Social Work Radicalism Repels Childhood Adversity…

Davidson, G., Devaney, J., & Spratt, T. (2010). The Impact of Adversity in Childhood on Outcomes in Adulthood: Research Lessons and Limitations. Journal of Social Work.

Click here to open abstract…

I recently read an opinion piece by a social worker here in Sydney, who trumpeted the benefits of ‘early intervention’ with troubled kiddies on the basis that by pre-emptively diverting them into forced psychiatric care, that could forestall or stop their natural progression into forced incarceration. You could call that a choice less choice between bars and barbs, so to speak. A more clinically pessimistic, contra human rights and wholly non-holistic social work approach I could barely squeeze from my butt cheeks on this bright and sunny spring Saturday but this, this sort of plain wrap dog food is much loved amongst my decidedly conservative, middle-class profession. Alas, short of wearing blue jeans on the weekend, there has never been much more than a whiff of radicalism throughout the entire history of Australian social work.

So are things different in the United Kingdom?

The radical social work tradition flourished in the UK from the mid-1970s up until, perhaps, the early 1990s, breeding as it did critical, structural analyses of and concerted attacks upon the ugly ‘isms’: sexism, racism, ageism, classism, elitism, disability discrimination and homophobia. This was as much the politics of understanding the lived experiences of people within specific contexts as it was enabling those people to liberate themselves from the mire. Arguably, amongst many pertinent questions that needed resolution was, and remains, how do we talk about the shite in which certain people are temporarily stuck without casting those people down as shite themselves? This would seem to be one of the tensions evident in Davidson et al.’s (2010, pp.369 & 370). article, in which they query the strength of the assumption that childhood adversity leads to diminished life chances in adulthood.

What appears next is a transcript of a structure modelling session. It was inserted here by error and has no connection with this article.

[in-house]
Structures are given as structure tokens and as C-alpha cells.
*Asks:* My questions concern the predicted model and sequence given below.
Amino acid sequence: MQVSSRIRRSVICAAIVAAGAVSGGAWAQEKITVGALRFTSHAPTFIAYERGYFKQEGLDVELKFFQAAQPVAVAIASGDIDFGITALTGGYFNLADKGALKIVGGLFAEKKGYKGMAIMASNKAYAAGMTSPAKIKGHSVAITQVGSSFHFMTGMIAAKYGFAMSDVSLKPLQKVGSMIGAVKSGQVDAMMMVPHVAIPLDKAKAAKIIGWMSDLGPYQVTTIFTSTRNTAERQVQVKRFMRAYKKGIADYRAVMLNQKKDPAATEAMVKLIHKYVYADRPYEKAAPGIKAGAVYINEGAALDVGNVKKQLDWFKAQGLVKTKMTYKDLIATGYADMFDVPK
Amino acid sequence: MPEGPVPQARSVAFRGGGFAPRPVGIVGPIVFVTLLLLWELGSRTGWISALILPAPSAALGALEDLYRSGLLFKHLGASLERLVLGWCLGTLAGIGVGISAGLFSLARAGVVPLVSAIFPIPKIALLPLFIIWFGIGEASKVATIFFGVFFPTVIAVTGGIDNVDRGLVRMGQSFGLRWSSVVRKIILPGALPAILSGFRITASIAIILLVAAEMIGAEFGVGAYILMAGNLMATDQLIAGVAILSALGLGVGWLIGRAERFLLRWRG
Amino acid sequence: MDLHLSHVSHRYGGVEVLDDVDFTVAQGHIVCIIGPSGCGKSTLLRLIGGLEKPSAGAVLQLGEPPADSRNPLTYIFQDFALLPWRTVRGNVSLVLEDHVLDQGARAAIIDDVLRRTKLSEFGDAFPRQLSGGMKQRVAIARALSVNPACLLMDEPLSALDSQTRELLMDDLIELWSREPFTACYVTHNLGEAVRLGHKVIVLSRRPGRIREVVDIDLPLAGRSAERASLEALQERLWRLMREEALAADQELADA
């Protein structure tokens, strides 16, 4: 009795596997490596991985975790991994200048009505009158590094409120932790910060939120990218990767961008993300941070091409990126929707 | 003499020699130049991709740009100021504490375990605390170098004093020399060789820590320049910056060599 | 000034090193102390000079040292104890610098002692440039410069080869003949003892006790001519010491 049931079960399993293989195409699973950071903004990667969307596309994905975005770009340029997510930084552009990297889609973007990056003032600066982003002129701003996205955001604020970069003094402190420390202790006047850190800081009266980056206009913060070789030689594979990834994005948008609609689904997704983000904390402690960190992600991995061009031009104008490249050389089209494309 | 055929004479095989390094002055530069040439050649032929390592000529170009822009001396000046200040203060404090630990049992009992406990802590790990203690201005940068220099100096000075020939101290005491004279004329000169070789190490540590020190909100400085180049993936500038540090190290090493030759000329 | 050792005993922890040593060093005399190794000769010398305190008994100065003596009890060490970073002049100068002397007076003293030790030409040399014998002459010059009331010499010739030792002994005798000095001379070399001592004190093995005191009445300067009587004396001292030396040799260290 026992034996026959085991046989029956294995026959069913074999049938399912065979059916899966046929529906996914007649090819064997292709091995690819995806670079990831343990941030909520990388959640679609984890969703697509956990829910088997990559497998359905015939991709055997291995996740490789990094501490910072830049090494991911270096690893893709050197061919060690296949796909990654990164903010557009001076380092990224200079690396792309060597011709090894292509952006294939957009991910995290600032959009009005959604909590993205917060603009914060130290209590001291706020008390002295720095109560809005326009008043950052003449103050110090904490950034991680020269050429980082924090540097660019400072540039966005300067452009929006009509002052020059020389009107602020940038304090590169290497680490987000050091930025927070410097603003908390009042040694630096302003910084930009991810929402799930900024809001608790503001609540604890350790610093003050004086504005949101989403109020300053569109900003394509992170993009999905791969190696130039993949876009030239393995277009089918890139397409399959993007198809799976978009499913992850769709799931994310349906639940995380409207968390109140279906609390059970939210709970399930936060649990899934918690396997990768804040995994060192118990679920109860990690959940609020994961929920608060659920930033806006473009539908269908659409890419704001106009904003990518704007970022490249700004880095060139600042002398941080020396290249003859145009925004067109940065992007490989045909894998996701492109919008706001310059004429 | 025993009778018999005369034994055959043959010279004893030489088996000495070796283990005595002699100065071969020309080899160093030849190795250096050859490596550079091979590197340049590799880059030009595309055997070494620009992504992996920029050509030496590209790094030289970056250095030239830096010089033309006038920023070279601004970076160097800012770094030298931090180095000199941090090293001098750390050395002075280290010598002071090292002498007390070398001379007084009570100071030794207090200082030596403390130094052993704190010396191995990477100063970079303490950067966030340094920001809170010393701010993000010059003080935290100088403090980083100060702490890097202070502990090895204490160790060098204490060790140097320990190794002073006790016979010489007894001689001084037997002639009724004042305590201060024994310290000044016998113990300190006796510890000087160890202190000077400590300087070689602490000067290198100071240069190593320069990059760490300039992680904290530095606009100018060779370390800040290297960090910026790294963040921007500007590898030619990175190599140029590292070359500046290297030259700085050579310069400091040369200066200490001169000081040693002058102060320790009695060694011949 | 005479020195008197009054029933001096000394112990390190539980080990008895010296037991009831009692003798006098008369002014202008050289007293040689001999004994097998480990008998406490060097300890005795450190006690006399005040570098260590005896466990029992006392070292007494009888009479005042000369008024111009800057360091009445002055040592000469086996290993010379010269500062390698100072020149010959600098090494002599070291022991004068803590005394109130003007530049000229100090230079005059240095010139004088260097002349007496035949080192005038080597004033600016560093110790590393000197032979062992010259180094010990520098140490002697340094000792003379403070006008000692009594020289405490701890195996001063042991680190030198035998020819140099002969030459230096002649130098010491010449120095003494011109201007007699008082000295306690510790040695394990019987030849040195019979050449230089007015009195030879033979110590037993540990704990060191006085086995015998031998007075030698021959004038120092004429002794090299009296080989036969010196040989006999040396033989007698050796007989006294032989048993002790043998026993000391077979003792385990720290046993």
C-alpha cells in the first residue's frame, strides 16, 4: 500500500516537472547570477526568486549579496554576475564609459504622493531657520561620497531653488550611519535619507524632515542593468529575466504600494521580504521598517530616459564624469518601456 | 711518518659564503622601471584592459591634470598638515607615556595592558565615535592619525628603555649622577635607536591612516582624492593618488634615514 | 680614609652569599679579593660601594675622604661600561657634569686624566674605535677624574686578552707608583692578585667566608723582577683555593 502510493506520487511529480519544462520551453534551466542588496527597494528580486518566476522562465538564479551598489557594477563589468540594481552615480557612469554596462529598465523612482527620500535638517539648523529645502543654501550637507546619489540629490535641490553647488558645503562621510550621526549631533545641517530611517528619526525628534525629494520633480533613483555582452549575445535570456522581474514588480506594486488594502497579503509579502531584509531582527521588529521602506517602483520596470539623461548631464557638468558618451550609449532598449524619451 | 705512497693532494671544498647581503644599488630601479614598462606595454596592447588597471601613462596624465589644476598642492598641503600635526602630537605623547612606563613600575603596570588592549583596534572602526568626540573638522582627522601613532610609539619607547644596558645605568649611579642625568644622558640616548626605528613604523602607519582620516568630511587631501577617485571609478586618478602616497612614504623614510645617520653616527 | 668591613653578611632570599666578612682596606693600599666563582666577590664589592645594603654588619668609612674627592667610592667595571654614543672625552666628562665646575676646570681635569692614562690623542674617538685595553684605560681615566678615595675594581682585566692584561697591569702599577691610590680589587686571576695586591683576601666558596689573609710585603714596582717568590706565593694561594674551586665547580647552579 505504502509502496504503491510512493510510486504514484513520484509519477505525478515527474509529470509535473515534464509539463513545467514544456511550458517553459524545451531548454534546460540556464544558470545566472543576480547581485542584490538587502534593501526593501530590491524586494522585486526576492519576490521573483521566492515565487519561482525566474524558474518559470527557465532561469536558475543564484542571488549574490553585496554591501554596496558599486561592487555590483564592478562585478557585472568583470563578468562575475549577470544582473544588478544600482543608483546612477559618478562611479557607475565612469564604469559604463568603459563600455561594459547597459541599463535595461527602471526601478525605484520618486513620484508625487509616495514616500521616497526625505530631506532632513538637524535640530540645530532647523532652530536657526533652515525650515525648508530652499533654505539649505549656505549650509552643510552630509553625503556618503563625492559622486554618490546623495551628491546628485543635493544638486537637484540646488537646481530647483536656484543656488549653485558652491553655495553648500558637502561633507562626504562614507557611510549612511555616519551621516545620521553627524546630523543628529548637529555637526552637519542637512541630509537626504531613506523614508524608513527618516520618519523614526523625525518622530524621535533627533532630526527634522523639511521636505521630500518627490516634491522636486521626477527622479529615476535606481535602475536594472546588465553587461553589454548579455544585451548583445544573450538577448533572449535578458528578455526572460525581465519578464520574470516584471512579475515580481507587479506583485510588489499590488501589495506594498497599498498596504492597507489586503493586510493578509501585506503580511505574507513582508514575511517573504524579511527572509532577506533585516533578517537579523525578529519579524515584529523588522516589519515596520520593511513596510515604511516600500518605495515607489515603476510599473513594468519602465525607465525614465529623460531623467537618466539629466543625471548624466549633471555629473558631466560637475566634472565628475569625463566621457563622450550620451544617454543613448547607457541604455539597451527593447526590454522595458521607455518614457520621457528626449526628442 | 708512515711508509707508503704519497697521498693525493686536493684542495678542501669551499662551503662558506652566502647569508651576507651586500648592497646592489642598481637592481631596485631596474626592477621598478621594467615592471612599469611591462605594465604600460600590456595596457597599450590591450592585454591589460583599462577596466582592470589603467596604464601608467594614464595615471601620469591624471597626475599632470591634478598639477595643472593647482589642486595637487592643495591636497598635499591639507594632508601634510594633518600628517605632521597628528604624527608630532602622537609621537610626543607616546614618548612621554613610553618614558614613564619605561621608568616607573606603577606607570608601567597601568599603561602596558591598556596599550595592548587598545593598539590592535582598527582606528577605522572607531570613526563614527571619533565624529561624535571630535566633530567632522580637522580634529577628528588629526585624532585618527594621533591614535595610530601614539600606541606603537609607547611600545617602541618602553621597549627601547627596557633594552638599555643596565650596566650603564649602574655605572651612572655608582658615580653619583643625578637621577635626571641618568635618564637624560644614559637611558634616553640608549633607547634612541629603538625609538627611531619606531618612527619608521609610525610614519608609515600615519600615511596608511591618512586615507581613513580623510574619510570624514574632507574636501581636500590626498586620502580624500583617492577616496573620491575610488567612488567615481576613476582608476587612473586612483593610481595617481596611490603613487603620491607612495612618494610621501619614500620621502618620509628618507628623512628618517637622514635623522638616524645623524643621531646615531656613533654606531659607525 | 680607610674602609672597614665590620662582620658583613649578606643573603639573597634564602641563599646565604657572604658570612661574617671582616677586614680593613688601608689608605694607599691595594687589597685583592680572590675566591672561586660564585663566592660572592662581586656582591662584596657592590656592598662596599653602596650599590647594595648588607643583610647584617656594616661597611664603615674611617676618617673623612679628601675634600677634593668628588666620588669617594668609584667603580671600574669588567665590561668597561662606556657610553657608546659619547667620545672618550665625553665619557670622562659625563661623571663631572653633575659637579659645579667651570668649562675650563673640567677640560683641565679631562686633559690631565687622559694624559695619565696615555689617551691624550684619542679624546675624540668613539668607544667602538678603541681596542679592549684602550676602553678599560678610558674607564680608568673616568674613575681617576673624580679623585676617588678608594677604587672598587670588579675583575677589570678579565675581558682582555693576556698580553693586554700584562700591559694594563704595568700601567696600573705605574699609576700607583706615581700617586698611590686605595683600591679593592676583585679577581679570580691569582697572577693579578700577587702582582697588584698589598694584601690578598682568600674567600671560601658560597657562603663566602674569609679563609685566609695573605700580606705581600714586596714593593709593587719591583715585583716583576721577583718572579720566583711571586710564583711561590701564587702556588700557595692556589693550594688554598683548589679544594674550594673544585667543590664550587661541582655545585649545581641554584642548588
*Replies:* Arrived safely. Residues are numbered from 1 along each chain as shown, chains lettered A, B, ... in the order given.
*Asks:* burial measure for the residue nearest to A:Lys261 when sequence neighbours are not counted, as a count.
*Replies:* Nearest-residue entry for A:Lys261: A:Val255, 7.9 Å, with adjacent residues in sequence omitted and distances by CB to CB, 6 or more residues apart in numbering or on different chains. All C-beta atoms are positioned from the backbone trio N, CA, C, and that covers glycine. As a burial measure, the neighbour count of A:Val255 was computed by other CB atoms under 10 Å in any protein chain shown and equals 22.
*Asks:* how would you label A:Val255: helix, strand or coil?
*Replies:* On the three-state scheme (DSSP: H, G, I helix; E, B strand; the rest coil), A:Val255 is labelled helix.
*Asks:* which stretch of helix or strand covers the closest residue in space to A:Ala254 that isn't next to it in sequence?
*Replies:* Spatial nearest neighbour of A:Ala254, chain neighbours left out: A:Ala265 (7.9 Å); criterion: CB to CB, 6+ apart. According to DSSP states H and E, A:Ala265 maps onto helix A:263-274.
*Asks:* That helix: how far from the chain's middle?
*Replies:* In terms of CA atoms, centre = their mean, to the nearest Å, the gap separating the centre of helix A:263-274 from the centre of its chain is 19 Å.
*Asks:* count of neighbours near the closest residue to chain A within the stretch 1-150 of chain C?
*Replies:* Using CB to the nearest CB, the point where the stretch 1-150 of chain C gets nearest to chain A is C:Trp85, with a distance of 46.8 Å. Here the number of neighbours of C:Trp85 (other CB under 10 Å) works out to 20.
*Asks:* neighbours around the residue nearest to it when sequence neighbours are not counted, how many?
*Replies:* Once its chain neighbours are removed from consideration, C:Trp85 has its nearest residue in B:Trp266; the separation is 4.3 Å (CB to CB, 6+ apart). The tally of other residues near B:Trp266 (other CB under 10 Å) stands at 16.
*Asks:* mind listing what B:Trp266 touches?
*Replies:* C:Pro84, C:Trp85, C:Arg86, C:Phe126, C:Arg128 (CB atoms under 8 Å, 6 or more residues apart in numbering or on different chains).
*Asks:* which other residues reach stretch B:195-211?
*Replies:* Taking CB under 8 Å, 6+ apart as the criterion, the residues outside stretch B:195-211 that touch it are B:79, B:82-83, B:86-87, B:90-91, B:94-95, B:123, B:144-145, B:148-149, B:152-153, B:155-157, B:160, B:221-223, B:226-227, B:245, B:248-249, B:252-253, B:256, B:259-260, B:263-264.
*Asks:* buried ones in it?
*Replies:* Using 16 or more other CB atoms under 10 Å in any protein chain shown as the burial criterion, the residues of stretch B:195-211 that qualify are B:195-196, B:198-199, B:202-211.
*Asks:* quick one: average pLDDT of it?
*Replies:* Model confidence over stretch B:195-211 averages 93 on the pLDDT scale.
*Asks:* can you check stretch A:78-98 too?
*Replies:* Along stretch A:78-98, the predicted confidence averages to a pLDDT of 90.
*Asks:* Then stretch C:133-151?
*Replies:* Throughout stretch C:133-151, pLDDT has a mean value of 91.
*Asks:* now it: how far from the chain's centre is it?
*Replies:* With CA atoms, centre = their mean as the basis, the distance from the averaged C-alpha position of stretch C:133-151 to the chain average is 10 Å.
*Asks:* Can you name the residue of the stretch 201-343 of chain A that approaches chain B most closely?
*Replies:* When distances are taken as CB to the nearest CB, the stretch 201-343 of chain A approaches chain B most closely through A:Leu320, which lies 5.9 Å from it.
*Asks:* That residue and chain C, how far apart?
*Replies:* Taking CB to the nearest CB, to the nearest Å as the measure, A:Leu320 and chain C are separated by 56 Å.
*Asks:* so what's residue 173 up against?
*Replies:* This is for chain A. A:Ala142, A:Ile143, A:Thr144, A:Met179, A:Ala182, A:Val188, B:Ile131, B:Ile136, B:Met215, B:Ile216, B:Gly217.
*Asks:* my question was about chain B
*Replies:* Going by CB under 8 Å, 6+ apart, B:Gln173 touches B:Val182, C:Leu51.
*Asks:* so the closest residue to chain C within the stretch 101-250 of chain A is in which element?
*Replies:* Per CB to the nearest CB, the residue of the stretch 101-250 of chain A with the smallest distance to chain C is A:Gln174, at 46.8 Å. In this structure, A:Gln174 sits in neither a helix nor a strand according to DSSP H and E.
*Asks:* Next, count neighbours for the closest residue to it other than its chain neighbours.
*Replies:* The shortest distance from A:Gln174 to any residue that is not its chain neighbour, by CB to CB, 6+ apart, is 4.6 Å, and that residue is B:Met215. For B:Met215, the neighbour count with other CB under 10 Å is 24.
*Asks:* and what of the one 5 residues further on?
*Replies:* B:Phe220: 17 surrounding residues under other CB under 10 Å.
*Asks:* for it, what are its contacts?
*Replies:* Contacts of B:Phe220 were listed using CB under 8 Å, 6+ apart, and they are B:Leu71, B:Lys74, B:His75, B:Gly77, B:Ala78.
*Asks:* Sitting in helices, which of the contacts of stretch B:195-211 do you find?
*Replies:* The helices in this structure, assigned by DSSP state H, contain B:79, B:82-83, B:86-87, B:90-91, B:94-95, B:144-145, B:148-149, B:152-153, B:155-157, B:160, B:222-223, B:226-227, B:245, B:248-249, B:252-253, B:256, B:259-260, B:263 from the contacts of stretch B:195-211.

In the UK, as in Australia, childhood adversity is fuzzy speak for child abuse and child abuse is the province of the child protection army. So much time and energy is chewed up by social workers trying to stop kiddies from being bashed, raped or killed in the moment that any attention to macro issues usually goes begging (2010, p.371). Rather than advocate, as they might, for presenting (micro) and causative (macro) child abuse issues to be addressed simultaneously (2010, p.372), Davidson et al. (2010) take the easy escape route by claiming ongoing inertia in lieu of finding out which particular harmful experiences in childhood are the most amenable to which particular (social work) interventions. To me, this reads like a snivelling professional cop out, since for more than a century now we have known what the antecedents of child abuse are, and what might best protect children from such abuse.

There is irrefutable evidence linking childhood physical, sexual, and emotional abuse to significant problems in adult functioning (psychosocial, somatic, etc.). The authors (2010) detail the mental, physical and other costs that child abuse survivors so often incur, including higher rates of mental disorder (p.373), poor physical health (p.374) and degraded ‘educational attainment’ (p.376). What Davidson et al. (2010, pp.378-383) would hope for are uniform definitions of childhood adversity, improved research design and more dedicated, large-scale research into this complex phenomenon. That sounds awfully like a scoping exercise of behemoth proportions to me. My contrary view is that while yes, there are some contentious issues about childhood adversity that need a good airing…

  • like, for example, the obsession that health and community welfare professionals have with childhood sexual abuse (2010, p.373) to the exclusion of all other forms of child abuse…

Trying to find ‘childhood adversity’ in any one child or cohort of children is as nebulous and implausible as trying to find ‘suicidal ideation’ in any man or cohort of men. Better me thinks, to concentrate on primary prevention strategies, strategies which uphold the radical tradition of social work in that they critically analyse structural factors that predate and perpetuate childhood adversity. I strongly believe that it can only be when all children are provided with optimal living conditions in which they are free from abuse and neglect and whereby they can access opportunities on par with all others, that childhood adversity can be overcome. As a profession, social work in the UK, Australia and elsewhere should seek to invigorate, or reinvigorate that much-missed radical tradition…

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